It was bad luck that the worst storm to hit Sydney in decades happened to coincide with the most exciting new design event to make its debut in the city this year. Factory Design District is the brainchild of Kobe Johns who brought her previous experience on DesignEX and London Design Festival to the event, which ran over three days as part of Vivid Ideas.
Johns now runs joinery workshop JP Finsbury with her partner (in work and in life) Adam Price and envisaged Factory Design District as a way for manufacturers and makers to connect with the design industry and the design-loving public.
The mission of the event, which included stands by some 30 exhibitors, was to start a dialogue between those people who work in timber, metal, fabric etc. and those who are curious about the process of making, or who may want bespoke or off-the-shelf Australian-made and designed goods. Read more →
Egg Picnic is a Sydney-based design duo devoted to wildlife conservation. A mutual love of both design and the natural world was the starting point of the partnership which began when Chilean graphic designer and illustrator Camila De Gregorio met Australian industrial designer Christopher Macaluso in Milan in 2009. They found inspiration in each other’s work, collaborating across 2D and 3D to create illustrations, characters, prints, objects and art toys – at first in Milan, then in Santiago.
Now based in Sydney, the pair sell illustrations, art toys and objects depicting birds and wild animals, using simple lines and shapes to create characters that tread a fine line between art, design and cartoon, but also exude a serene stateliness that is utterly contemporary. Prints of individual species include the Hooded Plover, Australian Magpie, Galah and Spotted Eagle Ray (to name just a few), while larger prints such as Marsupials of Australia or Birds of Australia feature a line up of creatures. All prints are signed and include information about the species with the purchase. Read more →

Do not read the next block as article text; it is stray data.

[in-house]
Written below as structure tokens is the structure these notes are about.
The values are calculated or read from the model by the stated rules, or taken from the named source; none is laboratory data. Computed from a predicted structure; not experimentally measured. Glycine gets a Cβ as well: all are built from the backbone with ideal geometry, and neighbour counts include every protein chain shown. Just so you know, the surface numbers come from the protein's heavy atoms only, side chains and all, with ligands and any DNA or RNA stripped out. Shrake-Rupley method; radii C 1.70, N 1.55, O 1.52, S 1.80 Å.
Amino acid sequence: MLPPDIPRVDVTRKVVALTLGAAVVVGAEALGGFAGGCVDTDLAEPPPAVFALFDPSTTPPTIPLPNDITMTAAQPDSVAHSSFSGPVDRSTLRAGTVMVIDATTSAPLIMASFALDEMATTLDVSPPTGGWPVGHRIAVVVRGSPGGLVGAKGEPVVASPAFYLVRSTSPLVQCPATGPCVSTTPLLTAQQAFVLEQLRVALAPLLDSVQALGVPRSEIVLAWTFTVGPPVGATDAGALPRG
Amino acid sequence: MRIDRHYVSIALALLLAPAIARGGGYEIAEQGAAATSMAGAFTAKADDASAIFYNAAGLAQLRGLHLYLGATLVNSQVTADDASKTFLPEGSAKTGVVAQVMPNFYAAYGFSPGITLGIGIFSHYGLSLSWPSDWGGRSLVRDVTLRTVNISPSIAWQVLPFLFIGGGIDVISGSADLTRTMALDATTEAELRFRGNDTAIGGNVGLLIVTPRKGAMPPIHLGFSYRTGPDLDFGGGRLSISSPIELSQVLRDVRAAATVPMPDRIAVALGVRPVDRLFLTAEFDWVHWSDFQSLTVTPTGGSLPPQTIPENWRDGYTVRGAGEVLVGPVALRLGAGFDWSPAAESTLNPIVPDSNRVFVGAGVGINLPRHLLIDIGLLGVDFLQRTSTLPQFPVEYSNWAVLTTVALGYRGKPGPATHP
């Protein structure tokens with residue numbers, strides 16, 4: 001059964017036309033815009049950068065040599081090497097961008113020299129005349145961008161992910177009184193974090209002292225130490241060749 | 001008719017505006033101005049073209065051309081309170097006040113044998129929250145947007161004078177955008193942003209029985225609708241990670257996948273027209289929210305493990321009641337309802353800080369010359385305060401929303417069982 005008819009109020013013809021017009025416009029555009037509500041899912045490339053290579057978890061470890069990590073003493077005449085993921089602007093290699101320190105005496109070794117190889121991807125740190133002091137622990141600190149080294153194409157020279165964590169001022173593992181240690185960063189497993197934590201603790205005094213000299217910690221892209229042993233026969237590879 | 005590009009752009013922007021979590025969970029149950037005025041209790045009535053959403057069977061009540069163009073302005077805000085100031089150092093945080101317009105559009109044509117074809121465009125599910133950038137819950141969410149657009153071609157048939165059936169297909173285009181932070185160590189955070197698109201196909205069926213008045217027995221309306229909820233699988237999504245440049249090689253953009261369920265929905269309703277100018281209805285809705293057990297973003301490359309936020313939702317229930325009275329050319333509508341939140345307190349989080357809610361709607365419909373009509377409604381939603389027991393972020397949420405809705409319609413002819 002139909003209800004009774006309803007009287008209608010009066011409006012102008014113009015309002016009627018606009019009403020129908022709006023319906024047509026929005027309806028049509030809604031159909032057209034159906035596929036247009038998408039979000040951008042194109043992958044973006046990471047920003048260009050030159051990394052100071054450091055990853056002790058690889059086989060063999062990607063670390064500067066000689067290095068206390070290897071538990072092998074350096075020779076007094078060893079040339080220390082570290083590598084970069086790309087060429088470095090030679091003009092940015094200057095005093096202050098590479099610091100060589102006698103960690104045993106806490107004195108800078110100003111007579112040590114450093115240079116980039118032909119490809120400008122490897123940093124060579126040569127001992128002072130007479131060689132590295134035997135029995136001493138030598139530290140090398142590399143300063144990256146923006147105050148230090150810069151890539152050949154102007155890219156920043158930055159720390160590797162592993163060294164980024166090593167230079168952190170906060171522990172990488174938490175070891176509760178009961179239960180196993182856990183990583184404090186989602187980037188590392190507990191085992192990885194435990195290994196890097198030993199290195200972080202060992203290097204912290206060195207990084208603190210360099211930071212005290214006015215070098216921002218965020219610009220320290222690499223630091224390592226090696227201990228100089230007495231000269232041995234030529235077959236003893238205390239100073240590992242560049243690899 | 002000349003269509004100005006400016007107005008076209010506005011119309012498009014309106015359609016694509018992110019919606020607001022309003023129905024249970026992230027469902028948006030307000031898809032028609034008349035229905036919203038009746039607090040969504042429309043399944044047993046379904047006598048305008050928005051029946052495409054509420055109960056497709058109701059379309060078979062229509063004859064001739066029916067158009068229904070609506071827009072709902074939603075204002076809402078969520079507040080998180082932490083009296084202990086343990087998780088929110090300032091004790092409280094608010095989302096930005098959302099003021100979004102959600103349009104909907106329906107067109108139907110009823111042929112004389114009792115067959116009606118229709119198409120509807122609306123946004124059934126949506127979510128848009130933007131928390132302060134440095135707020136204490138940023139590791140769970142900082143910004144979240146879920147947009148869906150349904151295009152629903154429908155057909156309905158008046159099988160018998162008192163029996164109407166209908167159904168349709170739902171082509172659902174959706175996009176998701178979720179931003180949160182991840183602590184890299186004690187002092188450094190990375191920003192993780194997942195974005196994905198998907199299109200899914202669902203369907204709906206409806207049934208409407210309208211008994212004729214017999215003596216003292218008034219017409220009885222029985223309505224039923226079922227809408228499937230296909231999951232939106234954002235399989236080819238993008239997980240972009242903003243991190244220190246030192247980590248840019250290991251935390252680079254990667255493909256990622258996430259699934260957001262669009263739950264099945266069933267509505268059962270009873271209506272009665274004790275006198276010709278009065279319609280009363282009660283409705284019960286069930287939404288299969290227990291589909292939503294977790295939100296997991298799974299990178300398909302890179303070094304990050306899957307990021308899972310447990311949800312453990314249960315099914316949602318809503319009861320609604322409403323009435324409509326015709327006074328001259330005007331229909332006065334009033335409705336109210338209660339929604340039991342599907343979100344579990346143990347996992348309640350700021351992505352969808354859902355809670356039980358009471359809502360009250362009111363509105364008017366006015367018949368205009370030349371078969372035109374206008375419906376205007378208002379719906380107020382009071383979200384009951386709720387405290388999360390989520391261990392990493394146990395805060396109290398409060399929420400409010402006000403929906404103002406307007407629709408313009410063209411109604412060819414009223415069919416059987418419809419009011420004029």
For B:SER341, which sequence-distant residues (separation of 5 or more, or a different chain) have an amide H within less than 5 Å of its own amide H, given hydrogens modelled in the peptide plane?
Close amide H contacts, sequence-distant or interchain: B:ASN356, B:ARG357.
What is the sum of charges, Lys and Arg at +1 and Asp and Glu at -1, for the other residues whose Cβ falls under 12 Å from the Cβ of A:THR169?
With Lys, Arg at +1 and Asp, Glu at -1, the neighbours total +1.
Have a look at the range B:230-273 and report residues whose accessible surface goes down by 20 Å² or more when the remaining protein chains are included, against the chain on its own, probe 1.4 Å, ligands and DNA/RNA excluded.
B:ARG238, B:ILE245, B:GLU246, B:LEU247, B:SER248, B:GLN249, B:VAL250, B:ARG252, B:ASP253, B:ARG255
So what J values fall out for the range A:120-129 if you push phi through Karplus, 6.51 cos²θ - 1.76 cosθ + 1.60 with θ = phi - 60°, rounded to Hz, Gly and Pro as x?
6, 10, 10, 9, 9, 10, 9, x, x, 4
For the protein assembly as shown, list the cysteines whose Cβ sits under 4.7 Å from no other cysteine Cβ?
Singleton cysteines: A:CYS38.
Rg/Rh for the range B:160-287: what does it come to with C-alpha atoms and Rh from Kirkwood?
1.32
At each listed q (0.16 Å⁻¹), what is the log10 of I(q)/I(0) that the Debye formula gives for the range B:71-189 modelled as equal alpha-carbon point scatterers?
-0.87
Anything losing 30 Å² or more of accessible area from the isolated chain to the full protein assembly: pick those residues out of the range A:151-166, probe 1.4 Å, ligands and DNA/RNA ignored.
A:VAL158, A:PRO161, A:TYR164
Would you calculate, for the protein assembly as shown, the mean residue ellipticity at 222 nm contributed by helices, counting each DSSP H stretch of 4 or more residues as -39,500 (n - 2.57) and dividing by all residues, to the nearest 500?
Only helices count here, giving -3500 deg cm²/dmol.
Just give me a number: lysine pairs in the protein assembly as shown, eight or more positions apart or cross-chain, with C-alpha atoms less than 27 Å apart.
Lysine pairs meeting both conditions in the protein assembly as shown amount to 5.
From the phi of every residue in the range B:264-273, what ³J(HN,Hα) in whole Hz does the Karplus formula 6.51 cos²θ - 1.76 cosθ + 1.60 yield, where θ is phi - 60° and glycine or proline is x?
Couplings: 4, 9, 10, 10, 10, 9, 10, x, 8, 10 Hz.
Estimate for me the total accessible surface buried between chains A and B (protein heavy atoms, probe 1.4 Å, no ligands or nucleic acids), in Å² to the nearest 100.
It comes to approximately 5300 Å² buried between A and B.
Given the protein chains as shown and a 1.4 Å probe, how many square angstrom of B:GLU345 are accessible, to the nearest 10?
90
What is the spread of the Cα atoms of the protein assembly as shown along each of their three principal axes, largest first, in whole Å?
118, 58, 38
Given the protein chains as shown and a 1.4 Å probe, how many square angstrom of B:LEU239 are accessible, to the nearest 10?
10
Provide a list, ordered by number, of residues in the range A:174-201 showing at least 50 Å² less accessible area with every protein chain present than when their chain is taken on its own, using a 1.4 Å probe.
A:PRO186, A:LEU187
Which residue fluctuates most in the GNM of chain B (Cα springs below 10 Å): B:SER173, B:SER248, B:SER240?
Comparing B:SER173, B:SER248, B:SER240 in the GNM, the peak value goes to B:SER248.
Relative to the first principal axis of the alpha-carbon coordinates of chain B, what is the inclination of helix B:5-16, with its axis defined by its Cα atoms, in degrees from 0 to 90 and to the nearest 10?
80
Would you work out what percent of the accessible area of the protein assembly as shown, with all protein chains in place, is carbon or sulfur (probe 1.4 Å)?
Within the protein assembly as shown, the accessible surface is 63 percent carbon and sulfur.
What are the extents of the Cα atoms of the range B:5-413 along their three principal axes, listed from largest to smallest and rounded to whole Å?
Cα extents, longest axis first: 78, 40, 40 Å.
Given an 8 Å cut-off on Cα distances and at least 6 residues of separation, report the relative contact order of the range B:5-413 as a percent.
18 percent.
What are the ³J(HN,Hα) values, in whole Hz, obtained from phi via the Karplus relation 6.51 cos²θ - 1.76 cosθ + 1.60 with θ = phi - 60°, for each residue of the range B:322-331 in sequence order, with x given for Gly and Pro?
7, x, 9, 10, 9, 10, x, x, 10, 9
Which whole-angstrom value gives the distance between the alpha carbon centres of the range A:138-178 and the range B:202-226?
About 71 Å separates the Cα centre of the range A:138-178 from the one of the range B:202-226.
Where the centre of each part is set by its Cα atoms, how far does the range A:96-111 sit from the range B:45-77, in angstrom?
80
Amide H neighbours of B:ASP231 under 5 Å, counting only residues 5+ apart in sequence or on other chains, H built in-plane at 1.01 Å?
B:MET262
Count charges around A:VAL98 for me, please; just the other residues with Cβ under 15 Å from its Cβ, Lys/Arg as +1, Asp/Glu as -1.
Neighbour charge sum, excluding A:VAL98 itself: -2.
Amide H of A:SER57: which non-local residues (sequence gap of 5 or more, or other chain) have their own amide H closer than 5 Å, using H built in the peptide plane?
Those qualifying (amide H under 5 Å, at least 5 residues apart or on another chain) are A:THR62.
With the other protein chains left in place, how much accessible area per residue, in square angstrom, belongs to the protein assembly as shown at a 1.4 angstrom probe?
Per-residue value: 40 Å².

Based in Florence, Italy, ex.t has always pushed boundaries when it comes to bathroom design, striving for simplicity and elegance while thinking outside the basics of bath, basin and bowl. This year, they launched two new ranges, in both cases commissioning a non-bathroom designer to create something different to go alongside their bathroom products.
In the case of the new Plataeu and Raso collection, German furniture designer Sebastian Herkner was approached to design a range that includes mirrors and pendant lights in addition to washbasin, console and bathtub. An architectural language is created through the use of a shelf that sits just behind and below the rim of the basin, console and bath, creating a functional space to rest bathroom items, while also adding the illusion of a shadow or extra dimension. The mirror features the same shadow, an extension to the oval shape by way of a transparent frame on one side only. Meanwhile, the Raso lighting pendants in pink, grey, white and transparent glass offer a complementary design object that softens the bathroom interior. Read more →
A ribbon of light twists and turns above a pedestrian street in Perth’s latest urban renewal project, Kings Square, this is Connect(us), the latest light installation by Sydney-based artist Warren Langley.
Warren has been working with the medium of light and glass for over 30 years, creating individual light installations for the Shanghai World Expo in 2011, as well as more permanent lighting displays and public artworks such as a tower made of glass and light at the Canberra Glassworks and Aspire, a forest of sculptural trees in light under the underpass in Sydney’s Pyrmont, as well as major project for Parliament House Canberra, the Maison de la Opera, Amiens, France and the Centre for Contemporary Art, Tacoma, USA. Read more →